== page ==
The Freedom Alliance is led by Colonel Oliver North who rose to infamy during the Iran-Contra affair of the late 1980s, when sales from illegal firearms to Iran were channelled to guerrillas in Nicaragua to undermine the Sandinista government.

The cruise - with cabins costing between US$1,500 and US$6,000 - started from Puerto Rico and stopped in Aruba, Venezuela, Grenada, Dominica and St. Thomas, before returning to Puerto Rico.

Speakers included Edwin Meese, former U.S. Attorney General, Duane Clarridge, former CIA Operative, and Michael Reagan, son of former President Ronald Reagan.

The trip raised the ire of many Caribbean nationals even as far away as in the UK.

The London based High Commissioner for Antigua and Barbuda, Ronald Sanders, has strenuously objected to the cruise since late last year.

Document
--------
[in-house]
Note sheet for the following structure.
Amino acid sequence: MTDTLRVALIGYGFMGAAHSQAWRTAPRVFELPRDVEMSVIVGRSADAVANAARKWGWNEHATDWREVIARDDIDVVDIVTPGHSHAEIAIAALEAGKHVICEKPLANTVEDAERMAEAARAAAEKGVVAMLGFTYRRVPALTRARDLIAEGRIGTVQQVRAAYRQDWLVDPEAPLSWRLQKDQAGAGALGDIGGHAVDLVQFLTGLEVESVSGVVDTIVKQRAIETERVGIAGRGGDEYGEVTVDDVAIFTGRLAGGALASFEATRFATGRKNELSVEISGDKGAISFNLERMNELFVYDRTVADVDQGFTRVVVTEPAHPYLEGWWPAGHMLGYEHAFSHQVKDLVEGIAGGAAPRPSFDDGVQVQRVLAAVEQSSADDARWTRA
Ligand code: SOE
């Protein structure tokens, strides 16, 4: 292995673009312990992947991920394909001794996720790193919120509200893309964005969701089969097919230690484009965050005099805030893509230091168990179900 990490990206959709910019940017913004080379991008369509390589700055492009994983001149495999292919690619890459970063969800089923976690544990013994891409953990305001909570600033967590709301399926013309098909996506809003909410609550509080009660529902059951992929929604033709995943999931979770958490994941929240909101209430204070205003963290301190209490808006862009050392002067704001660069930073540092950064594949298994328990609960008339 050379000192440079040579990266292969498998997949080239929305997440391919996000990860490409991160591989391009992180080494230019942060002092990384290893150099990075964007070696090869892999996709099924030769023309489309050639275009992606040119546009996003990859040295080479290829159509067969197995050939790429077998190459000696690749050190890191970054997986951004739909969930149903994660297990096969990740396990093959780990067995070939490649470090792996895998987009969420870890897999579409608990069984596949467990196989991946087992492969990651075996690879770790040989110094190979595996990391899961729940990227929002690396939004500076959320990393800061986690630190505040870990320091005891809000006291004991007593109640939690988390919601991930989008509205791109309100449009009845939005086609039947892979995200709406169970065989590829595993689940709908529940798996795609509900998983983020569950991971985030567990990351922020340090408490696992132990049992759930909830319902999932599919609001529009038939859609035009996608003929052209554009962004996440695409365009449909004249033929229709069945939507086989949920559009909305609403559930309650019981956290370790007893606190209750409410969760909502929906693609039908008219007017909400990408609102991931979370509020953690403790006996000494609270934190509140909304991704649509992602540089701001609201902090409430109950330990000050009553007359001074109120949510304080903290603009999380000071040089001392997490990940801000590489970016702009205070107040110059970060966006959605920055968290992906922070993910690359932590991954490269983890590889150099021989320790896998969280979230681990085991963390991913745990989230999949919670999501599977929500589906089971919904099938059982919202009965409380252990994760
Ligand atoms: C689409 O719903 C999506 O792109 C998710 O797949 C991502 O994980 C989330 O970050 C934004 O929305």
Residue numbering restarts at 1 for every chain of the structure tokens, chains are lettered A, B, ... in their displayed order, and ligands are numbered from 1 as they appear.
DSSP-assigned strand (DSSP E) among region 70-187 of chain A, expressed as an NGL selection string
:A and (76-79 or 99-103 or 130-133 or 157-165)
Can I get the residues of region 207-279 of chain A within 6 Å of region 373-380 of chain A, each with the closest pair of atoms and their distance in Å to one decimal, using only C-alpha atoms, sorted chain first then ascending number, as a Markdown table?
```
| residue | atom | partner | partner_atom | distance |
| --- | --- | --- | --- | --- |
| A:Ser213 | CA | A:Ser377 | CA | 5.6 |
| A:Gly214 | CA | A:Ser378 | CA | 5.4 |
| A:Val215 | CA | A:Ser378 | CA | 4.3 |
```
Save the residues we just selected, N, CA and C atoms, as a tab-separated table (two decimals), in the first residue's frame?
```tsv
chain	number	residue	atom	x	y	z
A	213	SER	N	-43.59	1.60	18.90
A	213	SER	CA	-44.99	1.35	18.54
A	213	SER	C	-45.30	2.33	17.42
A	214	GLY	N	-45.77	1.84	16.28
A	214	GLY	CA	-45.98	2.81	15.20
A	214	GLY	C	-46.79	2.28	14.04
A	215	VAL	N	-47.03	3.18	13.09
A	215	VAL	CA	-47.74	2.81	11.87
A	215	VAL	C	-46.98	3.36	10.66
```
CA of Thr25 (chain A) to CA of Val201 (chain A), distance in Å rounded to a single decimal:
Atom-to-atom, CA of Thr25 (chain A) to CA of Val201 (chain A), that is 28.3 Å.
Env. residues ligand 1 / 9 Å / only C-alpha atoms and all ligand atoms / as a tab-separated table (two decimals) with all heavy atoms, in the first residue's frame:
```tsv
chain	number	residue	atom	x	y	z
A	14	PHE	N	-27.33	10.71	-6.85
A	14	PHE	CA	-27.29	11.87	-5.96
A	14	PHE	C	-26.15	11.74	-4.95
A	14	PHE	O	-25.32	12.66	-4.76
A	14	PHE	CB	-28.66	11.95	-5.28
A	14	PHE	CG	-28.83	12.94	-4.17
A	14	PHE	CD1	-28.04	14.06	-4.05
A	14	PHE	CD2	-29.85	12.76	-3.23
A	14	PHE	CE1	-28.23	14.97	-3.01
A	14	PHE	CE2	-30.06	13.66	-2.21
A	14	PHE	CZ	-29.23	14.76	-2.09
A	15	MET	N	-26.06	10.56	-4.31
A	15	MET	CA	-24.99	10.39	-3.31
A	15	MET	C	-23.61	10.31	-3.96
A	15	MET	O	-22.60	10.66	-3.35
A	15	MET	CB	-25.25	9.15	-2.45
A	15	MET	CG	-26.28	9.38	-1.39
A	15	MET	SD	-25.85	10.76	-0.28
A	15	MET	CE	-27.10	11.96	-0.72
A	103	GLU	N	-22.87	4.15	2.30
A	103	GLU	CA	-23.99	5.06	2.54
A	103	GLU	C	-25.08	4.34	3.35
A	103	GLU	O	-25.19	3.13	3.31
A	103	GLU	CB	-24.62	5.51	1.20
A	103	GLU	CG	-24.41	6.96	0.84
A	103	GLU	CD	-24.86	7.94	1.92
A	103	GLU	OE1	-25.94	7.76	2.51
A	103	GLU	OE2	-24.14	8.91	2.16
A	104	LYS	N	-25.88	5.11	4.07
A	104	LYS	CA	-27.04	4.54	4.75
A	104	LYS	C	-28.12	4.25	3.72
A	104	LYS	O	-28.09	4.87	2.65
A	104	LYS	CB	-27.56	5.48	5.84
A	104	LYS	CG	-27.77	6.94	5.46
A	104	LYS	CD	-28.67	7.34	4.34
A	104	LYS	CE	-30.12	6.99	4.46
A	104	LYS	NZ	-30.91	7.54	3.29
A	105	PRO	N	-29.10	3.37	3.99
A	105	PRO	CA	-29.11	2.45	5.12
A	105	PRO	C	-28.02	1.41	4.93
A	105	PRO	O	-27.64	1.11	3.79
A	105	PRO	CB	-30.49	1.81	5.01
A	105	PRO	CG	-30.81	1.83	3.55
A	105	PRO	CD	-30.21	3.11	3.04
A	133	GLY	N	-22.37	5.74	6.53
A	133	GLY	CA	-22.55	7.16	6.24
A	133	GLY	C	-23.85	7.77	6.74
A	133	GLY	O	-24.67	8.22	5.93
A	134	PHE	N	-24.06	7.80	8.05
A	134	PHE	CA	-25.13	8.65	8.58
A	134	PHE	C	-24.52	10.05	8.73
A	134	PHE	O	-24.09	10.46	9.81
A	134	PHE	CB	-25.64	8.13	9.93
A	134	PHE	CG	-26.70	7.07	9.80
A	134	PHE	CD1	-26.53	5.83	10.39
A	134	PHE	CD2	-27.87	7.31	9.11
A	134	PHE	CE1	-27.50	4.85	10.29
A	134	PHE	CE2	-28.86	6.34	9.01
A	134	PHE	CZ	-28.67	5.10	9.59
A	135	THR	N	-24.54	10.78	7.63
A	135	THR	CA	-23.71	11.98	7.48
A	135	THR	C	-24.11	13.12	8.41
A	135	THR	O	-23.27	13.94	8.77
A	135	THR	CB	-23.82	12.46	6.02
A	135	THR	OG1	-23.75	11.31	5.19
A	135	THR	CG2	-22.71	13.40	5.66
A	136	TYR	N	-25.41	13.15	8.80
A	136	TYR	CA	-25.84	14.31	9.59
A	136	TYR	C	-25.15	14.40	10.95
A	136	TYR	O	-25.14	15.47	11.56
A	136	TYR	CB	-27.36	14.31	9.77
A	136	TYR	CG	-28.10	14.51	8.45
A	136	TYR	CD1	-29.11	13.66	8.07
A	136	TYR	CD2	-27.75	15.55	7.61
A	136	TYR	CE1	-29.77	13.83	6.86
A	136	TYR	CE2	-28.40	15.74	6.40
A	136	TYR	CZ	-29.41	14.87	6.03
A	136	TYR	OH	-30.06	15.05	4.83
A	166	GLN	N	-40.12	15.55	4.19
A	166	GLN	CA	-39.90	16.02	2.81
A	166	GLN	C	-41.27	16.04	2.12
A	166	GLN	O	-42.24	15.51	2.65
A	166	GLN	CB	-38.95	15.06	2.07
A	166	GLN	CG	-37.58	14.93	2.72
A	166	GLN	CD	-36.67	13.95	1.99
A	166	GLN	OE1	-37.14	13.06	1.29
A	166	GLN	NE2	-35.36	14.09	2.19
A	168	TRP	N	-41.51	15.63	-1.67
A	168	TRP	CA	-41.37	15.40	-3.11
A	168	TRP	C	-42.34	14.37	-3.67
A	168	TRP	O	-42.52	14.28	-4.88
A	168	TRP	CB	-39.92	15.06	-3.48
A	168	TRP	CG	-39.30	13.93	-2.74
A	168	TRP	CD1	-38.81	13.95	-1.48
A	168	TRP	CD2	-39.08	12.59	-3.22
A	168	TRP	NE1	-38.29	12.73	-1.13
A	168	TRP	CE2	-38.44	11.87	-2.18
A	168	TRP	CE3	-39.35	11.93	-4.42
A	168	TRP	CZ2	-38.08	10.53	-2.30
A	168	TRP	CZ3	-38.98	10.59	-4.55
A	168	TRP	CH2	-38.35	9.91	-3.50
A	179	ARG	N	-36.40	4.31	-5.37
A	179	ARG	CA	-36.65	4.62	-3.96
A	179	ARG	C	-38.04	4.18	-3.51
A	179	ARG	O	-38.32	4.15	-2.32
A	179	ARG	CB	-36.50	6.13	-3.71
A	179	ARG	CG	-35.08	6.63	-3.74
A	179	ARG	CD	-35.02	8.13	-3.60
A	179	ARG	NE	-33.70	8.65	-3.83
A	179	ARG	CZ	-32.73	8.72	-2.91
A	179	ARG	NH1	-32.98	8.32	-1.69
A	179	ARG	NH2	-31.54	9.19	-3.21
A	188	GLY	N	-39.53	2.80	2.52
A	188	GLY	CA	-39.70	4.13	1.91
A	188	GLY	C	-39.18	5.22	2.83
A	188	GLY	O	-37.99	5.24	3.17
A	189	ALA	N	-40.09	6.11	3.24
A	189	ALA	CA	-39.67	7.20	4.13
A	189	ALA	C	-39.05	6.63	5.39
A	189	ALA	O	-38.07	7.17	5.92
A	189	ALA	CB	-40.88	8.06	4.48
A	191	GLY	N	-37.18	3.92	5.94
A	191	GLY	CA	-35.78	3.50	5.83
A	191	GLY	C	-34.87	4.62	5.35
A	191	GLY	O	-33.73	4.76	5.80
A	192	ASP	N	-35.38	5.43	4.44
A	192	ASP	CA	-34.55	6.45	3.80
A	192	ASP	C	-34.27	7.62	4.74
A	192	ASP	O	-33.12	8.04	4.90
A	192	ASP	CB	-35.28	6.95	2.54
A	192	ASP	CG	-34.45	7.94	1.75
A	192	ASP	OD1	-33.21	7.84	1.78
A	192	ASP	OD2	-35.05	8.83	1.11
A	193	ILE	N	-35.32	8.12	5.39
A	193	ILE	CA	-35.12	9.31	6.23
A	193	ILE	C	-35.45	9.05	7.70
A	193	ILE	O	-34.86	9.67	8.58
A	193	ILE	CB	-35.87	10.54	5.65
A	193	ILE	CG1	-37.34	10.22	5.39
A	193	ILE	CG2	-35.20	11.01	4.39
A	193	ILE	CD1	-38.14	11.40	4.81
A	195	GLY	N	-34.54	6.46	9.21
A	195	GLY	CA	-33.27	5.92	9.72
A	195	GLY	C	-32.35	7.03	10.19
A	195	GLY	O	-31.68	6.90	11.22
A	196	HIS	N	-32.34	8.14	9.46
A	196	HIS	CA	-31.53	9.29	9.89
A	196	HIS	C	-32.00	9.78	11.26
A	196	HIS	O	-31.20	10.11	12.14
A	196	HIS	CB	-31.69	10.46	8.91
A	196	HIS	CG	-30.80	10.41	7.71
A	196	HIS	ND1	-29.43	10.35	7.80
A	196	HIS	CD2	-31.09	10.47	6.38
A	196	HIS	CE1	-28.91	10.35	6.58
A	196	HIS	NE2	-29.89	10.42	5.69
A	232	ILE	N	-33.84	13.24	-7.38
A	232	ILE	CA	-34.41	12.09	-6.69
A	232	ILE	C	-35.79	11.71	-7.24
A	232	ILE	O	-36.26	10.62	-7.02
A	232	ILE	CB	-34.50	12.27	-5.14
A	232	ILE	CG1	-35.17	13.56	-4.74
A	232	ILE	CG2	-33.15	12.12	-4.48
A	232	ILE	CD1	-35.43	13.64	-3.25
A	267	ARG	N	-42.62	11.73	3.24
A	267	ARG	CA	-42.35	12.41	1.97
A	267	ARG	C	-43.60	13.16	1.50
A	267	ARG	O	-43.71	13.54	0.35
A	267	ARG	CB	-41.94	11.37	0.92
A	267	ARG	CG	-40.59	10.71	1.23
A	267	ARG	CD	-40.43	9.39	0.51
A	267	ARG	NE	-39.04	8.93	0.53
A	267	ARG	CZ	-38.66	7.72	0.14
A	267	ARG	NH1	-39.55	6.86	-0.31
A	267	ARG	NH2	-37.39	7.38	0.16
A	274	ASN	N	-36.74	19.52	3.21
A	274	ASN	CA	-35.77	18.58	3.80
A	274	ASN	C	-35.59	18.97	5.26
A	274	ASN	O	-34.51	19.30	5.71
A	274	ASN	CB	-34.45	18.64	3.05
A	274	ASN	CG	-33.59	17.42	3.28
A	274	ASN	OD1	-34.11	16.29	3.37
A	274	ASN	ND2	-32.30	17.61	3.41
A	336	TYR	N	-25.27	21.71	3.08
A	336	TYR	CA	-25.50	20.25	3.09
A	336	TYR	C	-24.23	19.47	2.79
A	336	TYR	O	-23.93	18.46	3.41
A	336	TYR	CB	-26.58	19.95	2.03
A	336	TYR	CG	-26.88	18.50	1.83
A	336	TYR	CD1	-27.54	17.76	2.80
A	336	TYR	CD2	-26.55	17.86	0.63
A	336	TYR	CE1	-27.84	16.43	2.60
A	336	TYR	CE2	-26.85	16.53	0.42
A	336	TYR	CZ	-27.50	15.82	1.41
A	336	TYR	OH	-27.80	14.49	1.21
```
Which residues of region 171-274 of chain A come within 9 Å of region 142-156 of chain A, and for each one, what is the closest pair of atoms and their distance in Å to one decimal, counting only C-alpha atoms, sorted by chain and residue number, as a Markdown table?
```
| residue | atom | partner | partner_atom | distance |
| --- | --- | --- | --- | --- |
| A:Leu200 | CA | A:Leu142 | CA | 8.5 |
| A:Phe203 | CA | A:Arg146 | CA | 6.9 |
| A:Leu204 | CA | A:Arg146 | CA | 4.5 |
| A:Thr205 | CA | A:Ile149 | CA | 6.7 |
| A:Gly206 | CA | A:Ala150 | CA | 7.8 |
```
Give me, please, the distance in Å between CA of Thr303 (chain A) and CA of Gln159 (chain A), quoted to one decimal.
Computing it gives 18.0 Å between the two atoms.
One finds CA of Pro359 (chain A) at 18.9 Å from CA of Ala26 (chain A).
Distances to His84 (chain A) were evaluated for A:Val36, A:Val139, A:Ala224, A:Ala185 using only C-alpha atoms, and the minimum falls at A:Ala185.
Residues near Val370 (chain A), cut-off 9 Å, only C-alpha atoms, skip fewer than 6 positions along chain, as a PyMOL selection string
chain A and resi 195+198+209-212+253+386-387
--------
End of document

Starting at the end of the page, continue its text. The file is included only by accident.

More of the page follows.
Sanders has been quoted in Caribbean newspapers as describing the affair as “utterly insensitive and crass behaviour. The occupation of Caribbean soil by foreign troops and the circumstances that led to it should be a matter of deep regret to Caribbean people,” he has said.

For many present day observers, the occasion does not seem to deserve much attention.

After all, Grenada was and remains today little more than a dot on the world map.

The growing stomp of globalisation and a turbulent agricultural situation has seen declining reliance on the country, even though Grenada is known as the "spice isle" for its prodigious production of nutmeg and cinnamon.

Tourism has today become the island’s main source of income.